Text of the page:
Process Improvement works in almost every other industry, what’s so different in Law Firms?
Some of the results of Process Improvement in other industries are phenomenal!
Just consider these validated industry averages:
• Direct labour / productivity improvement: 45 – 75%
• Cost reduced: 25 – 55%
• Throughput / Flow increased: 60 – 90%
• Quality (Defects reduced): 50 – 90%
• WIP reduced: 60 – 90%
• Capacity increased: 35 – 50%
• Lead Time reduced: 50 – 90%
As unbelievable as these results are, these numbers are not made up. If you need more convincing, let’s consider a couple of examples.
Two businesses that have really embraced Process Improvement are Toyota Motor Corporation and General Electric (GE).
Toyota pioneered the Lean management methodology (which focuses on minimising waste) and Jack Welch’s GE embraced Six Sigma (which focuses on minimising process variation).
First of all, note that Toyota are the only automotive firm to be consistently profitable for 74 of the last 75 years (that includes numerous economic cycles, recessions, depressions and the second world war!). How much of that success has been attributed to “Lean” and the “Toyota Production System” that developed from it? Well, it has been argued that Toyota’s Lean approach was the key driving force in revolutionising the global car industry.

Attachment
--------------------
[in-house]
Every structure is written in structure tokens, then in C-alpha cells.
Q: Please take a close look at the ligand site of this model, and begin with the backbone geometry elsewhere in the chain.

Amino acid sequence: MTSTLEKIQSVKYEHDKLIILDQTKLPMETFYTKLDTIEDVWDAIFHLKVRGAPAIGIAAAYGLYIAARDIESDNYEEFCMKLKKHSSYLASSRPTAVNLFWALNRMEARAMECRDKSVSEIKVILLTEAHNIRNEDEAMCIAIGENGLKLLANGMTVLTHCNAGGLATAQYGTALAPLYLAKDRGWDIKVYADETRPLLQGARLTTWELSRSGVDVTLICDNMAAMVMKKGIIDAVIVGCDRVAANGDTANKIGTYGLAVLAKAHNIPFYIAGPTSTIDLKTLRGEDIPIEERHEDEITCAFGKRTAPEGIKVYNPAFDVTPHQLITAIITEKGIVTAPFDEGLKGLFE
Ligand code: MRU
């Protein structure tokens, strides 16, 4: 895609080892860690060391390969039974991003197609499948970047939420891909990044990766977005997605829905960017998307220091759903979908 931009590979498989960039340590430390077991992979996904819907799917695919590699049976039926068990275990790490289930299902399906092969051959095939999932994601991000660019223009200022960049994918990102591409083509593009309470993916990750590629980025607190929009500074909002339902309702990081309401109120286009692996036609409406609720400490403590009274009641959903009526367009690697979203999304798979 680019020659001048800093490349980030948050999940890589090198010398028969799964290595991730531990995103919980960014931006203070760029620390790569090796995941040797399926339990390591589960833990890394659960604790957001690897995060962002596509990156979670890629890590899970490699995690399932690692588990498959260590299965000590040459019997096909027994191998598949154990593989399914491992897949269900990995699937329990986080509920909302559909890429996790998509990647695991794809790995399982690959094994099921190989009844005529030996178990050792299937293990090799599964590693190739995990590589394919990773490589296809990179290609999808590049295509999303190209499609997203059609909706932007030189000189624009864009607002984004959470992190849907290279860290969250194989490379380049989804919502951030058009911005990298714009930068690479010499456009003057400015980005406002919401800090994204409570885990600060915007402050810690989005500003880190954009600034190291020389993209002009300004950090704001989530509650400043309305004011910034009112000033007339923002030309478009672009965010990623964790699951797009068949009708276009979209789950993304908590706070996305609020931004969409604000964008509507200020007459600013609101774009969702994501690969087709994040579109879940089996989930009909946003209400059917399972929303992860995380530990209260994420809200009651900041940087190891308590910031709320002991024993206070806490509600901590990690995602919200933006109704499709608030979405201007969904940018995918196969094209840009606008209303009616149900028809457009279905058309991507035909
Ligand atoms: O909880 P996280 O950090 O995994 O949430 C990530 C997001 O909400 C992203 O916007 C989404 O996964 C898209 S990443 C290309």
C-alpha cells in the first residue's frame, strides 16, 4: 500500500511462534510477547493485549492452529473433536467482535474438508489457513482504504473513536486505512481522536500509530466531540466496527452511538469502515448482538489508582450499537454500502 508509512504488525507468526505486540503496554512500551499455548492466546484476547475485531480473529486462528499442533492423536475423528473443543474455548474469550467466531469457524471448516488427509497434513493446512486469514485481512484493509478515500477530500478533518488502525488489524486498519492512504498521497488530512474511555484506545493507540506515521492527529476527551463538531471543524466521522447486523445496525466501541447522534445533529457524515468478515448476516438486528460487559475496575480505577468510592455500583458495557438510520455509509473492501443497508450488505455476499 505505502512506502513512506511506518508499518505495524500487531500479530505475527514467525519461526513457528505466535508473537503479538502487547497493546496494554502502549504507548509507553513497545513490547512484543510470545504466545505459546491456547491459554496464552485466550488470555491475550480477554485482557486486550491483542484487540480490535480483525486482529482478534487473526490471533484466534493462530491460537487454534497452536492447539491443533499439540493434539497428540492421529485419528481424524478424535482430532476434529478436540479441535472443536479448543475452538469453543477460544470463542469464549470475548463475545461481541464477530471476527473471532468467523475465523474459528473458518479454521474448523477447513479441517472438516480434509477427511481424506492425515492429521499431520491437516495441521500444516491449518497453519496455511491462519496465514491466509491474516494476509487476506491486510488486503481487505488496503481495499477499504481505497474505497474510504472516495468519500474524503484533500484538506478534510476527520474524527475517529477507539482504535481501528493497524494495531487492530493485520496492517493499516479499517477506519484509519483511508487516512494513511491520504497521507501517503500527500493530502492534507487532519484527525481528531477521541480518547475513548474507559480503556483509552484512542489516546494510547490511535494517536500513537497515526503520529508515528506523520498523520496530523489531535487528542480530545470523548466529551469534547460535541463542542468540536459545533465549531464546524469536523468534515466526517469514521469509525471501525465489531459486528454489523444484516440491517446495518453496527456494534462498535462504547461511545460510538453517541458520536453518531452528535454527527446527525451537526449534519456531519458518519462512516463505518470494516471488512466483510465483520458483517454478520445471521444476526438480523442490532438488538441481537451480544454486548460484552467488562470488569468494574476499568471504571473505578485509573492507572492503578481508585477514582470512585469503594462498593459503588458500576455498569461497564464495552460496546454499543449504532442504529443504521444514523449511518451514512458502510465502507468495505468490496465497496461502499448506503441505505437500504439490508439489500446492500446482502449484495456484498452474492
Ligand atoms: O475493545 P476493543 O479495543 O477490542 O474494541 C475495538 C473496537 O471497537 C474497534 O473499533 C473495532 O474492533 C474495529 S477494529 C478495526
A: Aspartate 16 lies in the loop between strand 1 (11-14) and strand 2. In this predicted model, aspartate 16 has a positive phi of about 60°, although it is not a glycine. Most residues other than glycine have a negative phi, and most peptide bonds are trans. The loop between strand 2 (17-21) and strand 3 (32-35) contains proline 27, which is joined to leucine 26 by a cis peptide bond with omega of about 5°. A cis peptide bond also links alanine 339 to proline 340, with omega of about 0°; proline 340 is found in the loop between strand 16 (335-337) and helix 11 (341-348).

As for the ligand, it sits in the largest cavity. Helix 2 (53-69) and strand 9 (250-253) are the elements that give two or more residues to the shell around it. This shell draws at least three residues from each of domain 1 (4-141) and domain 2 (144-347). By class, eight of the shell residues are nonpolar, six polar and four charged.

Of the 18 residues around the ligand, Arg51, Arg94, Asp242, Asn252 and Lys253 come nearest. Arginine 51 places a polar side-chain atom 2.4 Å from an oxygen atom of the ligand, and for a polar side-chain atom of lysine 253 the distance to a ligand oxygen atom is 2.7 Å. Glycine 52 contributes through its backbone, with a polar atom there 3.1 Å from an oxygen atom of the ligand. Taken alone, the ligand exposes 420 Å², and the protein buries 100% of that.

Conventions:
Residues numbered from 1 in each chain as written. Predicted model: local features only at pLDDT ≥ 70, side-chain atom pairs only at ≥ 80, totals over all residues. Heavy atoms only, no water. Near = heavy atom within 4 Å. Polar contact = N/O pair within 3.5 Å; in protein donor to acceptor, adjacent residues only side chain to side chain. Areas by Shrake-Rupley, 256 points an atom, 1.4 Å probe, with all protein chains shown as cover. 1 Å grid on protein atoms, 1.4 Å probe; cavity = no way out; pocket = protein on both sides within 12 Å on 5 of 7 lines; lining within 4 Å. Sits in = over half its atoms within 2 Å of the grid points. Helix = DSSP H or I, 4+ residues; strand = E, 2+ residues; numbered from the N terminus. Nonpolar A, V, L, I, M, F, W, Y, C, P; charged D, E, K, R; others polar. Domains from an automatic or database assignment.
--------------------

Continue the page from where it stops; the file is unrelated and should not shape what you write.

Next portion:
Similarly for GE, one of the largest and most profitable companies in the world, Jack Welch once went on record to say that “Six Sigma changed the DNA of GE”. These are extreme examples of the transformational impact of Process Improvement but they are very real examples.
Is there an opportunity to do the same in the legal industry? I am certain there is.
It’s difficult, over a short-written blog, to explain exactly how, but I’ll put up a video soon to explain (so remember to click “follow” to keep updated). In the meantime, if you’d like to hear more, then please do get in touch.
Why are so few law firms really embracing and investing in Process Improvement?
There are only a handful of law firms that I’m aware of that are really looking into the huge opportunity that Process Improvement offers.
Take a moment to imagine what a productivity improvement of just 45% would mean for your firm? It would be substantial, wouldn’t it? So why aren’t more law firms investing in Process Improvement programmes?
Below is a list of reasons that I’m aware of. Which of these are relevant to you? (Select as many as are relevant – all results will be anonymous).